THINGS I HAVE LEARNED: PERU

  • Backpacks are better. We finally ditched our suitcases in Lima... We literally left them on the side of the road with a “free” sign on them and never looked back. There are pros and cons to both, but I can’t imagine trying to get around these streets with a rolling suitcase, dragging it up 3 flights of narrow steps, or fitting them into a taxi. We are happy with our decision and got a pretty good deal on them at a mall in Lima. I am a bit more unorganized with a backpack rather than my suitcase though, if that is even possible.

 

  • Never be distracted when crossing the street. I don’t know if pedestrians don’t have the right of way here or if no one cares but cars do not think twice about getting inches away from you and nearly plowing you over. It seems stoplights are optional and street lanes are more of a suggestion type-thing. You better put your running shoes on and get your head focused before stepping foot off that sidewalk!

 

  • Food on the street is cheap and good. Why doesn’t St. Louis do this? It’s so convenient to walk outside and grab a quick, cheap, delicious lunch!

 

  • What is feels like to be discriminated against. Yes I am female which gives me some disadvantages in life, but this is something more direct than anything I had ever experienced before. We are constantly getting ripped off and even when I know it is happening I try to retaliate but learning how to argue is not something I have practiced much in Spanish. Every time we get in a taxi I have to negotiate for the correct price. The problem is I still end up settling for more than it is supposed to cost in the pure interest of time, because everyone that drives by knows we are not from here and assumes we don’t know how much it should cost. I always agree on a price beforehand, but one time we were on a bus WITH THE COST POSTED ON THE DOOR- which was the price I agreed on before I entered- and then before we got off he tried to charge me double what he had just told me and what was posted on the door. Again I try to argue but I am not confident enough in my Spanish and I usually just end up giving up. Even the lady we stay with at Air Bnb severely overcharges us for our laundry. The markets don’t have prices posted, and every time we go to buy ice cream it’s a different price. In one restaurant each time we’ve been there they have refused to let us order drinks saying they are all out, but when we look around there are bottles in the fridge and other people around us have them. When I point this out to them they just shake their heads at me. Another restaurant charged us more than the cost of our meal for a glass of juice when our waiter had already told us juice was included in the breakfast price. Again, no menu, no posted prices, and our waiter was nowhere to be found. We spent 2 hours at the post office yesterday and afterwards I was ready to cry because of how unfairly we were treated. Long story short, it was very obvious we were singled out, and also made to pay more than anyone else. After the post office incident we both felt defeated and it was the first time we really sincerely felt like we were done, and wanted to go home. We were supposed to enjoy the rest of the day downtown but we came back to our Airbnb and watched a movie. It really drains your energy and spirit when you are made to feel less than everyone else. I'm sure this type of thing happened to us in other countries but it was by far the worst here. I realize I probably just sound like I’m whining, and this is what the minorities in the US have been trying to get us to realize for decades, but I am now able to understand better how awful it feels to be treated like you are dumb, or lesser than the next person. I'm so sorry to anyone who feels this way on a daily basis, especially those that are living among me in the US.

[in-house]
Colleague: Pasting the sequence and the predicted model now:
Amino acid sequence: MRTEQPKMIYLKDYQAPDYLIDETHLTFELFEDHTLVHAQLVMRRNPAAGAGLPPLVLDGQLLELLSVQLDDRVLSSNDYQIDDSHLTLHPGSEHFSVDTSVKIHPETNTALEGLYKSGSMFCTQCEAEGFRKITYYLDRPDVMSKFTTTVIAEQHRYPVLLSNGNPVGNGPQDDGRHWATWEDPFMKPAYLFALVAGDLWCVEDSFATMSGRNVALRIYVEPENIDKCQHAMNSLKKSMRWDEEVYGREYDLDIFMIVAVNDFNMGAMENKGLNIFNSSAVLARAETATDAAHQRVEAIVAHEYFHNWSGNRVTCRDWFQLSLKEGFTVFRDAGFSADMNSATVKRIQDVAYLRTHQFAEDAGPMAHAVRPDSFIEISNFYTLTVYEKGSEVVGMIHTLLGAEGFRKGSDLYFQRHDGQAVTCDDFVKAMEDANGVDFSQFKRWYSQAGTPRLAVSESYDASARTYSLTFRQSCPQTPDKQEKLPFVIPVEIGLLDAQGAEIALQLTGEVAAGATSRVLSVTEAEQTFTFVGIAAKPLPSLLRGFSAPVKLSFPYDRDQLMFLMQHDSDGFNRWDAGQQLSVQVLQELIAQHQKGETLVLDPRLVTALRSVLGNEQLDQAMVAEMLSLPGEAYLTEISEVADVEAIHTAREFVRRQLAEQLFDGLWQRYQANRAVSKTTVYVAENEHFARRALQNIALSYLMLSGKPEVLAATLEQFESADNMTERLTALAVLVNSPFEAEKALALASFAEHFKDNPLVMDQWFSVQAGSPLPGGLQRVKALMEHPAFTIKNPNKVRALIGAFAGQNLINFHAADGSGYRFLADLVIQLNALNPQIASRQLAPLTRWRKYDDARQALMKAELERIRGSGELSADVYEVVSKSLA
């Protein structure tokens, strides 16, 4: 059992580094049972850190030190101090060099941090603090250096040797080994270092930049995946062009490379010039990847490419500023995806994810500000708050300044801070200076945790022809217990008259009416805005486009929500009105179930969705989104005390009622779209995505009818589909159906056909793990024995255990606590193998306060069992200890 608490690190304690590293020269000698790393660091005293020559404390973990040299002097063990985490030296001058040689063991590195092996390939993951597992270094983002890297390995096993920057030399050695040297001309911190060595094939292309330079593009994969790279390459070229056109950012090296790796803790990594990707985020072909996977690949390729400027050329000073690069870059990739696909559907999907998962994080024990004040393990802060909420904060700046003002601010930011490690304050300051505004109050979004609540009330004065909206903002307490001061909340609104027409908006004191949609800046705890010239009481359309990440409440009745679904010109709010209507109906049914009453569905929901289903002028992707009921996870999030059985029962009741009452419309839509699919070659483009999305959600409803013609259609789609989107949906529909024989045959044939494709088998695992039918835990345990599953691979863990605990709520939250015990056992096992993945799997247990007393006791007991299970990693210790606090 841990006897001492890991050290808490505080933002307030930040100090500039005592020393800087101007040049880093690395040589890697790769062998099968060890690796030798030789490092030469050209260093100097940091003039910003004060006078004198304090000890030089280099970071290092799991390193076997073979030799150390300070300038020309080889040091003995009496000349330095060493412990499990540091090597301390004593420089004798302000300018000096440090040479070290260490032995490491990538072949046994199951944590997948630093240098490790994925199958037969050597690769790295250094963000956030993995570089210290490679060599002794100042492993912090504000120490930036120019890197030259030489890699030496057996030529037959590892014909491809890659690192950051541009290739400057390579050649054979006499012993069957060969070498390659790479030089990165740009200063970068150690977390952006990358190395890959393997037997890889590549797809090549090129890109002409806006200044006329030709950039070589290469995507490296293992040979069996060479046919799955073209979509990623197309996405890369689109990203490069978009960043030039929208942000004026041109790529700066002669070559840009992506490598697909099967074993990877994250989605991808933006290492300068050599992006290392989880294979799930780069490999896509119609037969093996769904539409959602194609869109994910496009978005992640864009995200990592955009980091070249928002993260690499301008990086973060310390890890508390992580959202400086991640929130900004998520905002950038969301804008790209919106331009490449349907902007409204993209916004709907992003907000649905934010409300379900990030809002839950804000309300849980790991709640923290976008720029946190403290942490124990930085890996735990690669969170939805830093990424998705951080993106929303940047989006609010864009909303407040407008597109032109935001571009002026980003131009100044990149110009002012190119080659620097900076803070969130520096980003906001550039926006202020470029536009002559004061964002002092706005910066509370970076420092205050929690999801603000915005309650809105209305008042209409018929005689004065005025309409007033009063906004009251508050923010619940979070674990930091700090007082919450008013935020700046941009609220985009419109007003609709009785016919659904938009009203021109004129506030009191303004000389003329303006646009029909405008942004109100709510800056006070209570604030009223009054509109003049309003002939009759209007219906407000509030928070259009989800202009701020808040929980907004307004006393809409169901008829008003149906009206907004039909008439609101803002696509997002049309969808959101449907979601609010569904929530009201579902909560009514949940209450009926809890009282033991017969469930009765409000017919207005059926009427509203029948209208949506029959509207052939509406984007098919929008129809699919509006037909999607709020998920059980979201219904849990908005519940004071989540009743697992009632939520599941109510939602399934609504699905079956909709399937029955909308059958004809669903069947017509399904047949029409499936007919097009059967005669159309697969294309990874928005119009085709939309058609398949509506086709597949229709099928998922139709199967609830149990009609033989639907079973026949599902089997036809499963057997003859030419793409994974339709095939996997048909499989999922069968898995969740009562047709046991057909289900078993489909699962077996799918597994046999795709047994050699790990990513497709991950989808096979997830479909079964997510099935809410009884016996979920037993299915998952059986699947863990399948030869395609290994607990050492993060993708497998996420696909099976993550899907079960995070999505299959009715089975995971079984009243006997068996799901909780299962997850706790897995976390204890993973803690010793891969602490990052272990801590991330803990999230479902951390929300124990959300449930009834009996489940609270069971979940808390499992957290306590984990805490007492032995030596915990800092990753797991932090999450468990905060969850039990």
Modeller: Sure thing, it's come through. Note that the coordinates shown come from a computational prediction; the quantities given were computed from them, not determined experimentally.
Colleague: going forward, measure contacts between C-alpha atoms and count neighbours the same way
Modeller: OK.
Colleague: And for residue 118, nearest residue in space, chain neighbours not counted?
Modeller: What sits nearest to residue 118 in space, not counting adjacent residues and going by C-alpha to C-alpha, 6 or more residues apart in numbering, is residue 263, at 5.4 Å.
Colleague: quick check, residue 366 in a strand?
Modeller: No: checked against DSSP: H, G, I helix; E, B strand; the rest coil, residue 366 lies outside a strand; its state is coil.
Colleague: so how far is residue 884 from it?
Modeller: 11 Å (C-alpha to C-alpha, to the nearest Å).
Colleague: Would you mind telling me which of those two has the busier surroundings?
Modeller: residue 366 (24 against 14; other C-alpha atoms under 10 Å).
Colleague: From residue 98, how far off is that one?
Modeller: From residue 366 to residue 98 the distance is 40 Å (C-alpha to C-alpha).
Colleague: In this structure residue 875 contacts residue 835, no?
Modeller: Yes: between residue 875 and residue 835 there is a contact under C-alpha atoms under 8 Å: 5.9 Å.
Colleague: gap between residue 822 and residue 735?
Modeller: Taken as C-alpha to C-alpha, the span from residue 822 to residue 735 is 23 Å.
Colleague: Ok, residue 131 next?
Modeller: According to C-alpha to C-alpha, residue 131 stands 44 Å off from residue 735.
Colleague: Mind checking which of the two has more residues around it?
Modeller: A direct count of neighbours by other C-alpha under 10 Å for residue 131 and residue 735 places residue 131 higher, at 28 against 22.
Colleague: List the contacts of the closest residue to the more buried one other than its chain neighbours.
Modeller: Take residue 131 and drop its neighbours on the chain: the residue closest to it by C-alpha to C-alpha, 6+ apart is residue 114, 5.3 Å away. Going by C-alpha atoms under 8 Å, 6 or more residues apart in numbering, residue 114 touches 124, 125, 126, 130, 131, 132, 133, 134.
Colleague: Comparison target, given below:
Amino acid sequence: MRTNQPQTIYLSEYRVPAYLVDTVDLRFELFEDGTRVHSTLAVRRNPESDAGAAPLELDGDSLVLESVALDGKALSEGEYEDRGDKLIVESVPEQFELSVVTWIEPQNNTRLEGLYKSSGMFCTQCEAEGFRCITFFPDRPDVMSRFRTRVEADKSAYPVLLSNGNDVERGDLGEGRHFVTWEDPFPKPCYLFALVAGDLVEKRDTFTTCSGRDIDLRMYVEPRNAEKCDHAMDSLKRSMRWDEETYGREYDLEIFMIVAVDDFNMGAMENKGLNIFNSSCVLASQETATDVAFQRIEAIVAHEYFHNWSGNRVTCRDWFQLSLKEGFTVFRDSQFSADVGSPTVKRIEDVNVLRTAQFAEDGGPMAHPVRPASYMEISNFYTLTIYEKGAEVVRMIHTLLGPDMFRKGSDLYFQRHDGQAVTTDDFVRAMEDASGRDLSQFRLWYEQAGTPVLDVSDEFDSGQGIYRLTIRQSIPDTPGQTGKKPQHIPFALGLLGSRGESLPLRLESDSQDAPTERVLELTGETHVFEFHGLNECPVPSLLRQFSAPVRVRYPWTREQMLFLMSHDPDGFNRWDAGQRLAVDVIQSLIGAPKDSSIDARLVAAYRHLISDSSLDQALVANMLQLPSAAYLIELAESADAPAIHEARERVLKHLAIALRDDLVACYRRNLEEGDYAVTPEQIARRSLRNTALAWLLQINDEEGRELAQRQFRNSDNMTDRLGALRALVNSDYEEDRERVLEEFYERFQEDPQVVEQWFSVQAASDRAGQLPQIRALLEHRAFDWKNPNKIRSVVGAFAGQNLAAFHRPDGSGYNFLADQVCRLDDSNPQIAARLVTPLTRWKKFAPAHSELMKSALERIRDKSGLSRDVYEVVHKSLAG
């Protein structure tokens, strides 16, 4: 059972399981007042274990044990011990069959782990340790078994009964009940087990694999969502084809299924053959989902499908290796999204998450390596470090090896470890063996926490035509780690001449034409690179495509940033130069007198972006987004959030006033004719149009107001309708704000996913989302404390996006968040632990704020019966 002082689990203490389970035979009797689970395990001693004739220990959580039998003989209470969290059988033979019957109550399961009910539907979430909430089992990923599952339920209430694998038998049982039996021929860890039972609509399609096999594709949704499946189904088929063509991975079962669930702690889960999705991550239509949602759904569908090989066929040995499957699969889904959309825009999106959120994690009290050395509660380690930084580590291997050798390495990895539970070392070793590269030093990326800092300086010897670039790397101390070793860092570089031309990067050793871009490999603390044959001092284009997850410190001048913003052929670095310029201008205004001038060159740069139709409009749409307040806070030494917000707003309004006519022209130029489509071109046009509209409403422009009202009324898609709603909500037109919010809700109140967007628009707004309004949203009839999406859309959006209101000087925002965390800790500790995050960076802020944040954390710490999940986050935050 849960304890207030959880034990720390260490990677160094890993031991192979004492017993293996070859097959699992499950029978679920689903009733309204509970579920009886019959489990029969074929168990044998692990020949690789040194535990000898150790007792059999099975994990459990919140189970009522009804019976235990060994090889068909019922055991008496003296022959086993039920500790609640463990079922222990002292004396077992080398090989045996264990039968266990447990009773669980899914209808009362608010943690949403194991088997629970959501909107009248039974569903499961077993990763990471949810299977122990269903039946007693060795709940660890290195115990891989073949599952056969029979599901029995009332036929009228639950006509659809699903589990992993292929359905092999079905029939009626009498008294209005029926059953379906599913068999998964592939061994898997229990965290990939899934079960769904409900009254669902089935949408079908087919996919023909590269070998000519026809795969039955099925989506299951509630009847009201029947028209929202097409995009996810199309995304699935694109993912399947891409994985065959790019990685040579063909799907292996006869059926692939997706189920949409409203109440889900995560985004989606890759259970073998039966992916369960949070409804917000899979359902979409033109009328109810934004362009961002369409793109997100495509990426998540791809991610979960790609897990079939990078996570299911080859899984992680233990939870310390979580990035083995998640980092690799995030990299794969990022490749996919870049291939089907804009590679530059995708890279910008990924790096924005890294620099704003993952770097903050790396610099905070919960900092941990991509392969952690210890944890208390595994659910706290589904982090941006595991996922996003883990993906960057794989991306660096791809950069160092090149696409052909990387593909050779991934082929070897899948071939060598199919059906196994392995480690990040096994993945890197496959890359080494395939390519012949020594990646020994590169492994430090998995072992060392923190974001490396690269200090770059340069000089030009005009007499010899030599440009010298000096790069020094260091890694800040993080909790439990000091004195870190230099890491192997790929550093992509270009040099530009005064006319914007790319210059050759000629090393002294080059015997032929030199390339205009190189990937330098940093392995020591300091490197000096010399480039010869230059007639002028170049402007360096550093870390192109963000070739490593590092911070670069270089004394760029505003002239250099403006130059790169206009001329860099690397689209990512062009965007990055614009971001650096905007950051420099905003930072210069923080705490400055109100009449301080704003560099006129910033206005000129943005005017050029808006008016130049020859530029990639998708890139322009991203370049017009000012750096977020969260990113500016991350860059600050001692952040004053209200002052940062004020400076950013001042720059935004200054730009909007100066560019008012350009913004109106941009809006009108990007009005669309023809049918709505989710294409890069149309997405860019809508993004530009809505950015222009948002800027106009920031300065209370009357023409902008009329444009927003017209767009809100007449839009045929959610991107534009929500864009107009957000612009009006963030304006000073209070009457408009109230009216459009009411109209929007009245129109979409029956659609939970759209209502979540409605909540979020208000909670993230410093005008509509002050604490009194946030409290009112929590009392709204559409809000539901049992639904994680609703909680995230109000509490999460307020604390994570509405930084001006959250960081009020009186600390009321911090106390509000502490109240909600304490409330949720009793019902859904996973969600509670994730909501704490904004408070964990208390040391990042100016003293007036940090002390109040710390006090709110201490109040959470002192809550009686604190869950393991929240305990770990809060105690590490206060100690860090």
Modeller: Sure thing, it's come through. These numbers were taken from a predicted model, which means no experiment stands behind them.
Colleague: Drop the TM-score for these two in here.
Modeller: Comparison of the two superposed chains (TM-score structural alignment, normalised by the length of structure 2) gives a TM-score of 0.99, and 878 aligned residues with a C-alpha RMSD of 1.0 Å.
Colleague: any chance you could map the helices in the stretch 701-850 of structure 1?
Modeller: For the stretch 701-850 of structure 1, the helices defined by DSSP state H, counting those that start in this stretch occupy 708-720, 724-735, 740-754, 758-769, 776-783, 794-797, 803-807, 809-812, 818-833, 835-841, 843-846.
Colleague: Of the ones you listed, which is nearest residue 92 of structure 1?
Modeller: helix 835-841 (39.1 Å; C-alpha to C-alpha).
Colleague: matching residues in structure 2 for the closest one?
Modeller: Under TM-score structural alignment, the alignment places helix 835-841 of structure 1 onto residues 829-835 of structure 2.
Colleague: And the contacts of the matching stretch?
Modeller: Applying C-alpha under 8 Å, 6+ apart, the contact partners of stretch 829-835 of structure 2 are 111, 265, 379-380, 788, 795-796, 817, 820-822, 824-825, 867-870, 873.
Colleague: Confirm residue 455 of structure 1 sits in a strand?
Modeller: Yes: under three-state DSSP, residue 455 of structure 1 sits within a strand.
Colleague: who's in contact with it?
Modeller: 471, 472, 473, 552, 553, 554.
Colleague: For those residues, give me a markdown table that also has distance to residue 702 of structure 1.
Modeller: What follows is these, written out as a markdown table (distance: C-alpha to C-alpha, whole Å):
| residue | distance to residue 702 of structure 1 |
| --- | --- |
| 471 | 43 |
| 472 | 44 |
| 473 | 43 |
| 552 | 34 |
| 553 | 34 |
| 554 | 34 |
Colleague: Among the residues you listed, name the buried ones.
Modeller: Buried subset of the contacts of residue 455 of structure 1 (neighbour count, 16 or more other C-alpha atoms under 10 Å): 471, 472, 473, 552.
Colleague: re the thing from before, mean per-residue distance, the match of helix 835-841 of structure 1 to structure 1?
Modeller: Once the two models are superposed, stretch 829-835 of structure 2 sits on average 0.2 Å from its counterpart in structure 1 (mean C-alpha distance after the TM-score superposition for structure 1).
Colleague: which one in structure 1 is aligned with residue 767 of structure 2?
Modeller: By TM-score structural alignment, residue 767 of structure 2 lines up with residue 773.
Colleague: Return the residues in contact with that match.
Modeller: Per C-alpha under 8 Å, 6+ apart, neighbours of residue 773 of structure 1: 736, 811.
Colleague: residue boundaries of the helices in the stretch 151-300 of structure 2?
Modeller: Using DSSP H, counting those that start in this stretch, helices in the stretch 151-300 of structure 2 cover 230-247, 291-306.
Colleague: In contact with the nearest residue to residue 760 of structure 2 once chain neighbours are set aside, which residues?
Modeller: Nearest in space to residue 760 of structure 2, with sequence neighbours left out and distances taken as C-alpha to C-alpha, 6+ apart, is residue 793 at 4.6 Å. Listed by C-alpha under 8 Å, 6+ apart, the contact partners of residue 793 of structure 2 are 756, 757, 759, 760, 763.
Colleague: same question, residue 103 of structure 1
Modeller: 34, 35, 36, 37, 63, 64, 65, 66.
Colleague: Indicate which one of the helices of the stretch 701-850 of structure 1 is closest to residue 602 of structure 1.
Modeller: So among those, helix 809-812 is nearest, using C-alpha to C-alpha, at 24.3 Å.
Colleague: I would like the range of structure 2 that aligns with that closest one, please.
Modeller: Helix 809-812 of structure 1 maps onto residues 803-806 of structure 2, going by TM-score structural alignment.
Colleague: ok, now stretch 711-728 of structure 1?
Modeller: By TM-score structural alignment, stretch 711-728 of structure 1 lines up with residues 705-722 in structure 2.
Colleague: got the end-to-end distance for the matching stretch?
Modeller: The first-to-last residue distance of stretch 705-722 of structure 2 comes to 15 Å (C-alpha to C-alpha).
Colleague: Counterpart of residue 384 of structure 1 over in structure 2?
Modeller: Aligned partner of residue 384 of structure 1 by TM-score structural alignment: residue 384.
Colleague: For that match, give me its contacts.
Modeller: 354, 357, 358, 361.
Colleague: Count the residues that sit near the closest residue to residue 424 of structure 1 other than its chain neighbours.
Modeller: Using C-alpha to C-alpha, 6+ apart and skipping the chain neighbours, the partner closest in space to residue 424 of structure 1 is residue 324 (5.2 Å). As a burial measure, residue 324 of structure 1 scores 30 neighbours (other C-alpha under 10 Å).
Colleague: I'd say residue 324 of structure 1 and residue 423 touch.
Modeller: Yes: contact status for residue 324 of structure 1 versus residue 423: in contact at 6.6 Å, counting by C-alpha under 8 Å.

• You have to acclimate yourself. The altitude isn’t a freaking joke! If you come to Cusco you must give yourself about 4 days before doing much walking or running around. Have advil, water, and cocoa tea on hand!

 

  • More Spanish! In Costa Rica most of the time I was with someone who could speak better than me, so they did most of the talking. In Panama most everyone spoke English. Here almost no one speaks English and I don’t have anyone with me that speaks it. I’ve picked up new words and phrases, and am learning not to be embarrassed if I mess up because it is all part of the learning process.

 

  • Sports really do bring people together. Vince has played futbol everywhere we have gone. The past few times here I have gone and watched him. Seeing how these people are able to connect with him despite him not speaking any Spanish 1) astounds me 2) makes me incredibly happy. He always has a common ground to talk to someone about and always makes new friends after playing. It is a great, easy for us to get involved with the community here and meet new people.

 

  • Different doesn't necessarily mean bad. We have been to many cultures, and a lot of things are different than they are at home. Behavior, food, what is socially acceptable, it all comes with a learning curve as you enter a new place and try to figure it out. While some things really gross us out (like walking through a market of hanging meat) we do not show that on our faces, as that would be rude. We take it in and keep walking, smells and all. 

 

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